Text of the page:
Businesses in Bootle Towns and Villages of Cumbria

Bootle

Bootle village street courtesy of Graeme DougalDoreen Wallace in English Lakeland stated that “to see Bootle is to love it”. Wordsworth's opinion was entirely the opposite. He spent a summer holiday in the village and complained about the noise of the sea and the view of Black Combe:

“Here on the bleakest point of Cumbria's shore
We sojourn stunned by Ocean's ceaseless roar;. . .
Grim neighbour! Huge Black Comb. . .”

In spite of Wordsworth's negative opinion the ancient stone-built farming village has much to recommend it, including its Bootle village street courtesy of Graeme Dougallocation. It's sandwiched between the Cumbrian coast on one side and, on the other, the slopes of Black Combe and Bootle Fell. Just next to the main road of the village is the River Annan.

Edward III granted the village a market charter in 1348. The original market cross has disappeared, and another, in honour of Queen Victoria's Diamond Jubilee in 1897, sits beside the Bootle monumenton 1348 Market Cross site courtesy of Graeme Dougalchurch. The shaft is mounted on steps, and a shield at the shaft's base displays the arms of the Huddlestons, formerly lords of Millom.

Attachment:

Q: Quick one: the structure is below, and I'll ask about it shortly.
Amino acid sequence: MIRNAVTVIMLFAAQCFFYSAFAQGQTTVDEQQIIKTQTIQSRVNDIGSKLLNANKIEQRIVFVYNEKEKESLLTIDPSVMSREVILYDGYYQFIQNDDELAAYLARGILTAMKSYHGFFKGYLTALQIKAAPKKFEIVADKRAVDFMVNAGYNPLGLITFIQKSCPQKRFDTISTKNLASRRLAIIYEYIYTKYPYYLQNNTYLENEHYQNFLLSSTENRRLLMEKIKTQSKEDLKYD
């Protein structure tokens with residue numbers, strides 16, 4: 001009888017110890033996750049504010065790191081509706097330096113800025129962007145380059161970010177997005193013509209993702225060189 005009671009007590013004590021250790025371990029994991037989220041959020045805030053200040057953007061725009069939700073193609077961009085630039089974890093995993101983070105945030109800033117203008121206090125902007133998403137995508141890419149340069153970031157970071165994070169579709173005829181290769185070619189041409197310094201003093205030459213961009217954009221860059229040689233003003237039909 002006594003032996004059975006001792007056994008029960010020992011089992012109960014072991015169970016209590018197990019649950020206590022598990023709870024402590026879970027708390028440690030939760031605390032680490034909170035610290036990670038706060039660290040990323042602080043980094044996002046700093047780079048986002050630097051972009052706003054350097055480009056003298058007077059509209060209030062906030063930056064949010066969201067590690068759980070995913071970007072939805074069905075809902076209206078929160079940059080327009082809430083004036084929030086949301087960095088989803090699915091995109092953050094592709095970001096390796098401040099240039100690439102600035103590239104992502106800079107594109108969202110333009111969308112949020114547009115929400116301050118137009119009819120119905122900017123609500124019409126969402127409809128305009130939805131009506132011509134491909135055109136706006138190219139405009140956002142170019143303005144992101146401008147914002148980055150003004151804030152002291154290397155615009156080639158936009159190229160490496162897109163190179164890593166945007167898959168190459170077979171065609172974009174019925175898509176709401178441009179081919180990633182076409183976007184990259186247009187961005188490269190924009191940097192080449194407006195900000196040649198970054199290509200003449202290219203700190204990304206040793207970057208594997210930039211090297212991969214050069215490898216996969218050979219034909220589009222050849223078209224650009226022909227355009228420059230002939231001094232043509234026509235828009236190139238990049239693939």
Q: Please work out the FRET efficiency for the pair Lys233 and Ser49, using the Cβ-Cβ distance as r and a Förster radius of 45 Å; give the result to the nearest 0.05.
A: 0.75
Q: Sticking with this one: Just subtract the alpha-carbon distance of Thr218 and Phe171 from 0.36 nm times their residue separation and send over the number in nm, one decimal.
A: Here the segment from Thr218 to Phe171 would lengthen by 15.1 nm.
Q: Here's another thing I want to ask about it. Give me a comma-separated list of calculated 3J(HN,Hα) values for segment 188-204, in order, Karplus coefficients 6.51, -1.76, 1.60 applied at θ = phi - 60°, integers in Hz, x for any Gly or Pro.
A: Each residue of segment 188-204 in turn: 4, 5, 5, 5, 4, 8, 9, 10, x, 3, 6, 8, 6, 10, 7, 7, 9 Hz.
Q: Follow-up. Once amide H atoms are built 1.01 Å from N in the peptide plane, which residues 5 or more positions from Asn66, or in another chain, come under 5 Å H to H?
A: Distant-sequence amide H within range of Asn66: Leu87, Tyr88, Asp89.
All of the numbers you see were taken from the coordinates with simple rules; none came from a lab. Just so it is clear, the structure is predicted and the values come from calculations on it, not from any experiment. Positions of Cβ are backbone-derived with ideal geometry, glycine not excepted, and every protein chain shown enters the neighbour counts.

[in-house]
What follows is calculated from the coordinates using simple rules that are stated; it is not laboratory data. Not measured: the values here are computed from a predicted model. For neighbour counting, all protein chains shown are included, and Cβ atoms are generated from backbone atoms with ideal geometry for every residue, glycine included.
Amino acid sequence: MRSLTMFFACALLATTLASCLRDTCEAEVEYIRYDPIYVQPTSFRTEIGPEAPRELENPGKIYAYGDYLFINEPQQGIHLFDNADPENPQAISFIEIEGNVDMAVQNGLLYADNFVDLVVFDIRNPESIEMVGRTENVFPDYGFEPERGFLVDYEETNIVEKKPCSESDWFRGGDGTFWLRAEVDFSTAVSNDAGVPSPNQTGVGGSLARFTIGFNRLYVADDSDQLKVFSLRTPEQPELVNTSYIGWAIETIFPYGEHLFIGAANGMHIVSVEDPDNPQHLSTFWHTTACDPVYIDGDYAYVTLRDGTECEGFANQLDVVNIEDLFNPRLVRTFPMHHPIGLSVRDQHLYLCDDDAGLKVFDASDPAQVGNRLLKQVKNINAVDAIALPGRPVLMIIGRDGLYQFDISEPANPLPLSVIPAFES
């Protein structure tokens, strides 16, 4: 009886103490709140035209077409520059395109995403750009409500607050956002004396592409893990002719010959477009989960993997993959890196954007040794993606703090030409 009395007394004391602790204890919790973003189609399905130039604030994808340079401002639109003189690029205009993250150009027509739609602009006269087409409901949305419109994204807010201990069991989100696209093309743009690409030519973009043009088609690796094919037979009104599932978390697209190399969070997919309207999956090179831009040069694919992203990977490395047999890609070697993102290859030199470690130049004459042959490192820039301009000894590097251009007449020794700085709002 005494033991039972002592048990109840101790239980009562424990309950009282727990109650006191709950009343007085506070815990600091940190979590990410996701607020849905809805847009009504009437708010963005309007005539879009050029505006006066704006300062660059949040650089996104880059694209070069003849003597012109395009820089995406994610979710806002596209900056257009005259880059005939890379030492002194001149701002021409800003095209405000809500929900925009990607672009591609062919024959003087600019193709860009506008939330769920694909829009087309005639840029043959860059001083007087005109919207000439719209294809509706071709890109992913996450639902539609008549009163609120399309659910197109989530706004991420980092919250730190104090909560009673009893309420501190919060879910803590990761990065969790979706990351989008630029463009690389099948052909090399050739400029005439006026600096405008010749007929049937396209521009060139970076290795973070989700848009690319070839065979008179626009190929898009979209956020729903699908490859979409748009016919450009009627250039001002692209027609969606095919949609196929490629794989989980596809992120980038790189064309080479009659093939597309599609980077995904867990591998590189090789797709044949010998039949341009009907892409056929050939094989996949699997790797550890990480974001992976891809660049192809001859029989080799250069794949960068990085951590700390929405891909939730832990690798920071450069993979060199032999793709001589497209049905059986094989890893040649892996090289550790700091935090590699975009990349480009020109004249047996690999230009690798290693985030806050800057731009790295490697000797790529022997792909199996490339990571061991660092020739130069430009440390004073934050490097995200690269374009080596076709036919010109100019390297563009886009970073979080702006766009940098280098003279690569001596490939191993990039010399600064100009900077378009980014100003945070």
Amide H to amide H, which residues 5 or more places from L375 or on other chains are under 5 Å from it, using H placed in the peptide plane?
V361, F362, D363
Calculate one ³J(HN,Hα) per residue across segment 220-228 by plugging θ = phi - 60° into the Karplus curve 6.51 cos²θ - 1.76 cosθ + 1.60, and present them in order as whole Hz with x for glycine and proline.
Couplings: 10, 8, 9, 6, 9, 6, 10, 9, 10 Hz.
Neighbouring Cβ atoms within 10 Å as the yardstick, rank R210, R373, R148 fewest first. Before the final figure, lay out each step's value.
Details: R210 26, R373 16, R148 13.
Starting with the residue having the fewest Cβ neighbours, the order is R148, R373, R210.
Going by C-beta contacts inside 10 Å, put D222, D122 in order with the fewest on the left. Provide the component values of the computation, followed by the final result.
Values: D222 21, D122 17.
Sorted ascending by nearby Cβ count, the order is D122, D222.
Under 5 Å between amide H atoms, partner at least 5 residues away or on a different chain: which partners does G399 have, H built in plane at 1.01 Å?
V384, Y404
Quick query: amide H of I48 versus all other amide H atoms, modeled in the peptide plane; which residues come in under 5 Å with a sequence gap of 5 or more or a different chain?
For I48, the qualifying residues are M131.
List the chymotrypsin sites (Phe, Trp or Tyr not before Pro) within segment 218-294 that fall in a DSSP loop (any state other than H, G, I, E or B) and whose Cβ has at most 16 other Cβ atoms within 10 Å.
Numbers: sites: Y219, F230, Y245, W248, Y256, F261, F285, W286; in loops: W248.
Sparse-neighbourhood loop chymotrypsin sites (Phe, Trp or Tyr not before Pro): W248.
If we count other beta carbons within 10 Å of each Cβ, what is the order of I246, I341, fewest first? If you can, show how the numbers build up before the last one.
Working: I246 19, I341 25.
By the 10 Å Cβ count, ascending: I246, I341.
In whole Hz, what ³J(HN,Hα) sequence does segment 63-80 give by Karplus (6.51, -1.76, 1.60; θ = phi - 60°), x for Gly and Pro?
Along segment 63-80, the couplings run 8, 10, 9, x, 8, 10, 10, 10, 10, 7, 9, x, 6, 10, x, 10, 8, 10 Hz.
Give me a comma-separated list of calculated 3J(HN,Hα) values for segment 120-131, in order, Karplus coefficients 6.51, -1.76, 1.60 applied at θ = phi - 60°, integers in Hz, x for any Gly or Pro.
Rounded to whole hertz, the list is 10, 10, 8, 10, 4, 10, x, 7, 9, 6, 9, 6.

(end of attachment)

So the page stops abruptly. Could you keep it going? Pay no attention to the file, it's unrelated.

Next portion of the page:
The 13th century village church of St Michael and All Angels, repaired and renovated in 1837 when the north and south transepts were added, still retains its Norman masonry in the nave. A two-bell turret is on the west end over the porch. On the south wall is a brass plate with an effigy of Sir Hugh Askew, knighted in 1547 at the battle of Musselburgh.

Bootle St Michaels and All Saints church exterior courtesy of Graeme DougalAnother church was built in the village in 1780. The 1753 King's Head Hotel remains virtually unchanged. Two schools were built in the early 1800s. The train station is outside the village. There was once a warning beacon on the hill above the village. It was fired if any ships threatening an invasion were seen.

Bootle St Michael and All Saints church interior courtesy of Graeme DougalNorth of the village at Seaton Hall (now a farmhouse) was a Benedictine nunnery, Leakley, founded in the 13th century. It was given to Holme Cultram Abbey, but was closed with the dissolution of the monasteries. Now only a few remains indicate where it sat.

Countryside finds include Stone Age artefacts and a Bronze Age settlement. Bootle Fell is the site of Swinside stone circle. Flint tools and arrowheads and Bootle Evangelical church courtesy of Graeme DougalRoman coins and altars are among the finds at nearby Eskmeals Dunes (now a firing range).

The name Bootle may be from the Anglo Saxon “Bold” or “Botle” meaning a ‘dwelling’. Bootle's legacy of limestone and hedges encouraged wildflowers from honeysuckle to foxgloves to wild roses. It's away from the beaten track so enjoys a less hectic and more rural atmosphere than many Lakeland villages.

Photos courtesy Graeme Dougal

Bootle is on the A595.

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